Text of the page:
By Beth W. Orenstein
Vol. 21 No. 3 P. 12
Augmented reality opens new windows for investigation, education, and surgical planning.
Every year, about 3 million Americans fracture their ribs—trauma is the most likely cause. Cancers that spread to the bone also can weaken ribs and cause them to fracture. Fractured ribs will often heal on their own in about six weeks with rest and supportive therapy. However, patients who have severe or multiple displaced rib fractures may require a surgery known as rib plating.
During the operation, performed under general anesthesia, a surgeon makes incisions over the broken ribs and inserts titanium plates and screws to stabilize them. One of the keys to a successful operation is making the incision directly over the ribs that are affected, says Babak Sarani, MD, FACS, FCCM, director of the Center for Trauma and Critical Care at the George Washington University Hospital in Washington, D.C. Current protocol uses a CT scan to determine where to make the incision. The CT is taken when the patient is supine, although the procedure is often done with the patient lying on his or her side.
“With the CT alone, we have found that we can be off by 3 or 4 cm,” Sarani says. “While that doesn’t sound like a lot, when you’re trying to operate, this distance feels more like a mile. It makes for longer incisions and longer operating time.”
On the Mark
When Sarani heard about technology that overlays a 3D image of a patient’s body onto the patient to enhance surgical accuracy, he was anxious to try it. The technology is Novarad’s OpenSight Augmented Reality (AR) System powered by Microsoft HoloLens. OpenSight received 510(k) clearance for presurgical planning from the FDA in December 2018. Cocreated by Wendell Gibby, MD, Novarad’s CEO, and Steve Cvetko, PhD, the company’s director of research and development, the technology is designed to visualize 3D holograms of the patient’s insides directly on the patient. The 3D holograms are created by a refractory system in the device using a combination of the Microsoft HoloLens hardware and OpenSight software.
“Until now,” Cvetko says, “the medical industry seemed to separate images from the patients. You look at the patient’s scans on computer screens, and every time you look at the images you’re looking directly away from the patient.” He says the 3D holograms OpenSight creates and displays directly on patients are true to size so “it’s as if you’re looking through the patient.”
Last year, Sarani conducted a pilot clinical trial comparing the first version of OpenSight’s HoloLens holograms projected on patients with CT scans, when performing rib plating. “We used the Novarad OpenSight system to mark where its augmented reality tells us the fracture is and compared it to where we would have opened the patient based on a CT scan alone,” Sarani says. “We wanted to see what the difference was between these two markings.”
Although they were not sure what to expect, they found significant differences. “The margin of error for the Novarad product was 5 mm. The margin of error using the CT scan without the OpenSight system was 4 cm. That’s a huge difference—nearly 10-fold,” Sarani says.
He did not time the cases he included in his trial, so he cannot compare their duration with conventional operations. However, he suspects that the OpenSight system’s accuracy decreased the time it took to complete the procedures. “OpenSight absolutely increases the accuracy of your operation and the ease of your operation. That’s all true,” he says. “I suspect that those advantages translate into less operative time, but I didn’t time myself, so I can’t say.”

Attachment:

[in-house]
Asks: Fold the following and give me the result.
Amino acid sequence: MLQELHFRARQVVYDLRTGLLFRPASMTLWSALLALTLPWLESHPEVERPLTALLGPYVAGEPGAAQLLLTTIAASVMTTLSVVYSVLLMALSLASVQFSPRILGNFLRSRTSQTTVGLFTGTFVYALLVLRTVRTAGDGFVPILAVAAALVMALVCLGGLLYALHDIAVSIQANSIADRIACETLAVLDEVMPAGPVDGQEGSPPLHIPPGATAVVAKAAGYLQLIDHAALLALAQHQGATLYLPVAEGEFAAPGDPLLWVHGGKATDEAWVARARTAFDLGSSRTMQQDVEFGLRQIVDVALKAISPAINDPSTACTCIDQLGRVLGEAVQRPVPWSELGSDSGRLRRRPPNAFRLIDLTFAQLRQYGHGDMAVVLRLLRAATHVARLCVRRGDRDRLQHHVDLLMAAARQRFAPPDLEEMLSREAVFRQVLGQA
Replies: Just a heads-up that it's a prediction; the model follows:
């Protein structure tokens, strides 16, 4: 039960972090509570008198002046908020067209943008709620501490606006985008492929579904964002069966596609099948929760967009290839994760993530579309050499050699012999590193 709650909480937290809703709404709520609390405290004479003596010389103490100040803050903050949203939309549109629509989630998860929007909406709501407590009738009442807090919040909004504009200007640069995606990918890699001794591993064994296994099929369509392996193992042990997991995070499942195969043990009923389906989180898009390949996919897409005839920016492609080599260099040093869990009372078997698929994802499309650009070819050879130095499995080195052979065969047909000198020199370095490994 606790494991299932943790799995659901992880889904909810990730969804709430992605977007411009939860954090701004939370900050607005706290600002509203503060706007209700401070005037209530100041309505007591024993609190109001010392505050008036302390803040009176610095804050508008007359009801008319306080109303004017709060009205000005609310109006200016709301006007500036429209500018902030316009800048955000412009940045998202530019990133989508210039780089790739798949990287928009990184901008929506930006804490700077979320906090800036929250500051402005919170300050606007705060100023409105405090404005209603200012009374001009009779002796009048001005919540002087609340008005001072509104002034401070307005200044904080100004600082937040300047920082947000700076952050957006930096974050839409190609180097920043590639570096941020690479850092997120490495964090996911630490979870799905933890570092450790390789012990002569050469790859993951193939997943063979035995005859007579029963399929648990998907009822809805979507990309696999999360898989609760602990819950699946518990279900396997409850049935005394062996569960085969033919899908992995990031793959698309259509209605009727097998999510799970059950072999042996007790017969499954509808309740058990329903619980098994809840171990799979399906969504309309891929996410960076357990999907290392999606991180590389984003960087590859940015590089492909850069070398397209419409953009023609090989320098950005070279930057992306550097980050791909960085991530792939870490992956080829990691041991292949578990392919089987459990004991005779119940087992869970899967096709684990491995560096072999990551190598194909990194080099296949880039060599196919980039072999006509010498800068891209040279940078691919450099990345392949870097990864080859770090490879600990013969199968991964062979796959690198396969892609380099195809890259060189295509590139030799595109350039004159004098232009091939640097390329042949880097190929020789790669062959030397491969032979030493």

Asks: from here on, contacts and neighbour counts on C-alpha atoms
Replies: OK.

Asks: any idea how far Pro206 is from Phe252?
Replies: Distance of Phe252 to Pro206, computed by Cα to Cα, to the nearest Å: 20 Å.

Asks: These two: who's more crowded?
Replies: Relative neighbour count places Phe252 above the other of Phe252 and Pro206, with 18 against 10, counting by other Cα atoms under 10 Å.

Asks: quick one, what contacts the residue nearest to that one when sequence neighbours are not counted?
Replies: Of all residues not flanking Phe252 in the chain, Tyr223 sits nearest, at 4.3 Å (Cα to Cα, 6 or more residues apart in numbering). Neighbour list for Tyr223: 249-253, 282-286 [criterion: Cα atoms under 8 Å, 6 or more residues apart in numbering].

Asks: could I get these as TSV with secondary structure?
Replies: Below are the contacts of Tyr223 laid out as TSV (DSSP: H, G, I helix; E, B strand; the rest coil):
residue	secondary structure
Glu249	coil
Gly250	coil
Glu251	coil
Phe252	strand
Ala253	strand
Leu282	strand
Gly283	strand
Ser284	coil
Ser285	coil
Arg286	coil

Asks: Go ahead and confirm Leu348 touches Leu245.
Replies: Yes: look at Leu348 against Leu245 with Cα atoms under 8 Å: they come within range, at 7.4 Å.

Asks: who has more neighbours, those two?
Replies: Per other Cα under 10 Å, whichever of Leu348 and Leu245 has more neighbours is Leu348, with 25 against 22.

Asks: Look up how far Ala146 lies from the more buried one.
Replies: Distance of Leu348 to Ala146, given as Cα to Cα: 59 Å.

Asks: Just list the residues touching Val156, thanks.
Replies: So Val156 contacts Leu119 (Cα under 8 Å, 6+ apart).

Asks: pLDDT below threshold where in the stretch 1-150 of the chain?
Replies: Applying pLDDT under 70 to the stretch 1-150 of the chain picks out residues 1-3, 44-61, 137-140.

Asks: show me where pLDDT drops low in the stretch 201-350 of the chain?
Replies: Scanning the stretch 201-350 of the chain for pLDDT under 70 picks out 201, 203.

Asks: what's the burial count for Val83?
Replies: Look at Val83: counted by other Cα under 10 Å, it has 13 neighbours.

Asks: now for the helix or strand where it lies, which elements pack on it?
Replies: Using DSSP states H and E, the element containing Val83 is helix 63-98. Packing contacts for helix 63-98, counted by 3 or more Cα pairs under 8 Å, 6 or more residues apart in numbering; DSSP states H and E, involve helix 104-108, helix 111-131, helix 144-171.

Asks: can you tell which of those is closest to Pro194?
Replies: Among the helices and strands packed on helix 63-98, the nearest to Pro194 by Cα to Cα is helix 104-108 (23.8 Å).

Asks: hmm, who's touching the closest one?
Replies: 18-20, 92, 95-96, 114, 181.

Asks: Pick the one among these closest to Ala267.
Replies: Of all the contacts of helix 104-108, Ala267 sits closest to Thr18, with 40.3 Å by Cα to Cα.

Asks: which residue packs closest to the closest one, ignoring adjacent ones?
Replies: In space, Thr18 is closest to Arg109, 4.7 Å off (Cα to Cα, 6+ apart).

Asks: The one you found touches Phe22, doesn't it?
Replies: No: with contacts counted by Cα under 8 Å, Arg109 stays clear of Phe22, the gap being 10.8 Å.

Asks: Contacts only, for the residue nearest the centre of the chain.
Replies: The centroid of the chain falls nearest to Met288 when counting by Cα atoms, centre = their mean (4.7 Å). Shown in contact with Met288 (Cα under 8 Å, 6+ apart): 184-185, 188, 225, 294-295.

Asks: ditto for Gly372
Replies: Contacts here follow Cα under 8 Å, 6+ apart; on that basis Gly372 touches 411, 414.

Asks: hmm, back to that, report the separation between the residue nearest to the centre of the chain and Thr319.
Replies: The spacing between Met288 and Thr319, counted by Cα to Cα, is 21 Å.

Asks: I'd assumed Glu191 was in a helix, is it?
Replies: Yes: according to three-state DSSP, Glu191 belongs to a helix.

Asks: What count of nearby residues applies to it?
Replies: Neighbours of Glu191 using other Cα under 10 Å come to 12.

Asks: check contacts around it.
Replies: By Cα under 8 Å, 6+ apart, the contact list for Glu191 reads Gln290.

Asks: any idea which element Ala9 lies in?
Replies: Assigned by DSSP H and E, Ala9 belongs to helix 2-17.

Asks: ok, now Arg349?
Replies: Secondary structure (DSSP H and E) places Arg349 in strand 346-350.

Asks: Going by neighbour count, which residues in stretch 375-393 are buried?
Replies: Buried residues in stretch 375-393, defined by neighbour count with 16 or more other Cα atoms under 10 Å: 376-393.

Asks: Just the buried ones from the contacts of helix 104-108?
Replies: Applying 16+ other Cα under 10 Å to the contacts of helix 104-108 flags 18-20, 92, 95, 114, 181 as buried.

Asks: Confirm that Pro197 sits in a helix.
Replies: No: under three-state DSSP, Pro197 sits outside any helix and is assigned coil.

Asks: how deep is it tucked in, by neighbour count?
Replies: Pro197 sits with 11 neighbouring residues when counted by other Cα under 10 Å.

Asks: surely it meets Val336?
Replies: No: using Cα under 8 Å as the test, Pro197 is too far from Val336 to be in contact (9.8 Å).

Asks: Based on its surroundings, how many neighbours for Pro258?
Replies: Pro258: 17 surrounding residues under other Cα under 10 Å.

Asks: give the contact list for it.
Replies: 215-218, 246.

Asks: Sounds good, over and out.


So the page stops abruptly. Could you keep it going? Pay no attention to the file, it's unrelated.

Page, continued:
To use OpenSight, a provider dons a headset that looks much like virtual reality (VR) goggles but, rather than darkened lenses, the goggles are clear, allowing augmented images to be intertwined with reality. Additionally, AR does not have any image disorientation, a notable aspect of VR, which makes its best suited for enhancing productivity in health care, Cvetko says.
“It sounds like something out of Star Trek,” Sarani says. He did not find the headset to be cumbersome when performing the surgery. “As soon as I put it on, it was a matter of me learning the commands to line up the hologram with the patient. It took a good 10 to 15 minutes because I had to do it manually.”
Since Sarani completed his trial, OpenSight has released an updated version of the HoloLens that automates the alignment of the hologram with the patient. Cvetko says one of the biggest challenges in developing the OpenSight technology was registering the images on the patient. “We needed to figure out how to make sure the 3D images are lined up correctly and that it was as accurate as possible,” he says.
The new version uses a QR (quick response) code system that is coordinated with the CT scan. Stickers printed with QR codes are strategically placed on the patient. OpenSight interprets the QR stickers to center the image. Cvetko says the QR system seems to have largely resolved this issue.
“OpenSight has spent a good year or two automating multiple functions so you don’t have to be a computer genius and you can be a doctor who uses OpenSight easily at bedside,” Sarani says.
Sarani is anxious to try the new version and has determined that the next time he operates on a patient with broken ribs, “We will use it. End of story.” Sarani sees other uses for OpenSight technology as well, including other spine surgeries. “When we’re operating on a patient’s L3, L4, L5, we’re always wondering where we are,” he says. “If one is able to portray a CT scan of the vertebral column onto the patient, you could do something more precisely or invasively and not have to worry about being on the wrong level.”